OBJECTIVES: The burden of substance use in Kenya is significant. The objective of this study was to systematically summarize existing literature on substance use in Kenya, identify research gaps, and provide directions for future research. METHODS: This systematic review was conducted in line with the PRISMA guidelines. We conducted a search of 5 bibliographic databases (PubMed, PsychINFO, Web of Science, Cumulative Index of Nursing and Allied Professionals (CINAHL) and Cochrane Library) from inception until 20 August 2020. In addition, we searched all the volumes of the official journal of the National Authority for the Campaign Against Alcohol & Drug Abuse (the African Journal of Alcohol and Drug Abuse). The results of eligible studies have been summarized descriptively and organized by three broad categories including: studies evaluating the epidemiology of substance use, studies evaluating interventions and programs, and qualitative studies exploring various themes on substance use other than interventions. The quality of the included studies was assessed with the Quality Assessment Tool for Studies with Diverse Designs. RESULTS: Of the 185 studies that were eligible for inclusion, 144 investigated the epidemiology of substance use, 23 qualitatively explored various substance use related themes, and 18 evaluated substance use interventions and programs. Key evidence gaps emerged. Few studies had explored the epidemiology of hallucinogen, prescription medication, ecstasy, injecting drug use, and emerging substance use. Vulnerable populations such as pregnant women, and persons with physical disability had been under-represented within the epidemiological and qualitative work. No intervention study had been conducted among children and adolescents. Most interventions had focused on alcohol to the exclusion of other prevalent substances such as tobacco and cannabis. Little had been done to evaluate digital and population-level interventions. CONCLUSION: The results of this systematic review provide important directions for future substance use research in Kenya. SYSTEMATIC REVIEW REGISTRATION: PROSPERO: CRD42020203717.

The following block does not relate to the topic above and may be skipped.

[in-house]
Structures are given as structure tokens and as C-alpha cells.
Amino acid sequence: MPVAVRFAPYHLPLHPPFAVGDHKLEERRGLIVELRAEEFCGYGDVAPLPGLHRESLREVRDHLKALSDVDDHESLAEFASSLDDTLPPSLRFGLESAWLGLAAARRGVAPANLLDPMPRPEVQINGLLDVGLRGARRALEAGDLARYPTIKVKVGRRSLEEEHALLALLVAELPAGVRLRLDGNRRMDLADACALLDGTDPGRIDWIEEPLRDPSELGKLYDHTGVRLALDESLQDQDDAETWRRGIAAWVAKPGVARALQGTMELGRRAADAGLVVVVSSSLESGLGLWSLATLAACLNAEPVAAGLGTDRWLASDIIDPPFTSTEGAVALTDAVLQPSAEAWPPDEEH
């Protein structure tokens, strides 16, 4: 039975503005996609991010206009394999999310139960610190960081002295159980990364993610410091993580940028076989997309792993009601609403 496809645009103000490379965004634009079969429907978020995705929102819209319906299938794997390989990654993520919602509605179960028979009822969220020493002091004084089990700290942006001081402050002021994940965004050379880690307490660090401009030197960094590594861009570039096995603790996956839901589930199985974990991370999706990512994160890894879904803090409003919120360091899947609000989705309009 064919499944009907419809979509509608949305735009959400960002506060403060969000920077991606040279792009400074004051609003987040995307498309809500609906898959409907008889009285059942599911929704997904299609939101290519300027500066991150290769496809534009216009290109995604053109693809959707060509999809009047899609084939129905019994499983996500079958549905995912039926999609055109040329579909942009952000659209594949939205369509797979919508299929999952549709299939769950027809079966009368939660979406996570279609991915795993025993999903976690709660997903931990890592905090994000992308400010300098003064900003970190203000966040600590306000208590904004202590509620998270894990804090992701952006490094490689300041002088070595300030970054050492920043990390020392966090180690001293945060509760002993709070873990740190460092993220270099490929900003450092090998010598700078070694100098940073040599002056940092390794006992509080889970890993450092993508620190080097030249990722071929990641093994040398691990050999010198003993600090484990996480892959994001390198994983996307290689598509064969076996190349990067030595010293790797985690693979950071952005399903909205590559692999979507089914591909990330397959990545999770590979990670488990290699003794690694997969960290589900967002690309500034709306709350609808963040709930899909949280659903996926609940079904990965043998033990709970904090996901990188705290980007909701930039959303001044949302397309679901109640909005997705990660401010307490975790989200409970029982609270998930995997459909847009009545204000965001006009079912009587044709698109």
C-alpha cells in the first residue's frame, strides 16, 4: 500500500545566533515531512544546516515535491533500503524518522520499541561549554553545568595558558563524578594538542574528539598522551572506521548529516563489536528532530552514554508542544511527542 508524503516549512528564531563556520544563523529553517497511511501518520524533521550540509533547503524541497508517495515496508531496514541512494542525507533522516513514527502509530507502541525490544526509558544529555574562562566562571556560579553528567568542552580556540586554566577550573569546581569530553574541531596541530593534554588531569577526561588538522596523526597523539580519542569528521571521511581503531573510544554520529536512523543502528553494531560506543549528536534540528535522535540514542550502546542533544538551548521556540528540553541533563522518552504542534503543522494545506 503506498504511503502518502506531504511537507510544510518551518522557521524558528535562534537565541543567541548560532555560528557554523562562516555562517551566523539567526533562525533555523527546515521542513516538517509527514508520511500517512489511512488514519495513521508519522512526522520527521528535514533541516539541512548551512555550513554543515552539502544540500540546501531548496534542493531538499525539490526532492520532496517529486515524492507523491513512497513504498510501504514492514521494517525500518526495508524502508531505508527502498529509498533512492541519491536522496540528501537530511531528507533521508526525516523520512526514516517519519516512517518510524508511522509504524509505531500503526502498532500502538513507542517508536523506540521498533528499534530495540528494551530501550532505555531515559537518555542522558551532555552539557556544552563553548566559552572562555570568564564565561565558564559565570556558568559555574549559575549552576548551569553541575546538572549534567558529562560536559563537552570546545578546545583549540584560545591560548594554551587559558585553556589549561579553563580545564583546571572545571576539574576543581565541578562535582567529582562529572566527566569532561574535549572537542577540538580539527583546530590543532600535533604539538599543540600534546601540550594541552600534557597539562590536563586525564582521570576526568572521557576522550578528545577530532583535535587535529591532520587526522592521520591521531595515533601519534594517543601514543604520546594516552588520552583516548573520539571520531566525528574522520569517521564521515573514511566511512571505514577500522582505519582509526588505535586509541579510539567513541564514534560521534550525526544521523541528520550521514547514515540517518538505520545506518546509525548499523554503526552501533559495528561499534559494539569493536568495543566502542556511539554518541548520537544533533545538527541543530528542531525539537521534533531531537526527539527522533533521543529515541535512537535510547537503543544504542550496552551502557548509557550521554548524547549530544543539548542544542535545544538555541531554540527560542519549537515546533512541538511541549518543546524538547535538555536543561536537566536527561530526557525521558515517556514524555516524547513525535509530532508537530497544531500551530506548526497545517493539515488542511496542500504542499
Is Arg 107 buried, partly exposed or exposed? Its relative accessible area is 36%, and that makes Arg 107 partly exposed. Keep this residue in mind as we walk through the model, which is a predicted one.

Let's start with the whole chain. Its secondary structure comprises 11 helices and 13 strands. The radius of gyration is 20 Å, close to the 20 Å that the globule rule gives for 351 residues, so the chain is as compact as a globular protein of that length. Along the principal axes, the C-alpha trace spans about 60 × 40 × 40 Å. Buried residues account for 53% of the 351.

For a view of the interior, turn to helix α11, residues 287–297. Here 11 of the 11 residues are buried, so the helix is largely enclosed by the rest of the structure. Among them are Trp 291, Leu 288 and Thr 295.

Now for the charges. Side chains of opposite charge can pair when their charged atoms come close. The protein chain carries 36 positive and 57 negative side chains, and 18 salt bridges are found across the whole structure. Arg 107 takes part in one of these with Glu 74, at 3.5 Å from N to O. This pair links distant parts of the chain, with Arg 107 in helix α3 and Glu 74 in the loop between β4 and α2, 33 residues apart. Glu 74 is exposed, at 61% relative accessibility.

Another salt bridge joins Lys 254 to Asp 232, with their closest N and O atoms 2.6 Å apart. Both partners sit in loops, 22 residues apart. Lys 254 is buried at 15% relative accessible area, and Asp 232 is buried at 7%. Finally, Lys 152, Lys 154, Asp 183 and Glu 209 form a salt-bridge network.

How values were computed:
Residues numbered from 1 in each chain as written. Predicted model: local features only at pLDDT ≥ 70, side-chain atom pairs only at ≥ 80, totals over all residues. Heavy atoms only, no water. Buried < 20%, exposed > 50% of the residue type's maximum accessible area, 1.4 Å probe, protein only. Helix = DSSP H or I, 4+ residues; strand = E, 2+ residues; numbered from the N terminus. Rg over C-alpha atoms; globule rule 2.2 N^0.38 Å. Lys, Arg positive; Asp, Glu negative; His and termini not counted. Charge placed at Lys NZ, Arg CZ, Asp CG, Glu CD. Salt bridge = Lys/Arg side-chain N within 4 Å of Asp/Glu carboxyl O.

Subject(s)
Substance-Related Disorders , Adolescent , Child , Female , Humans , Kenya/epidemiology , Pregnancy , Qualitative Research , Substance-Related Disorders/epidemiology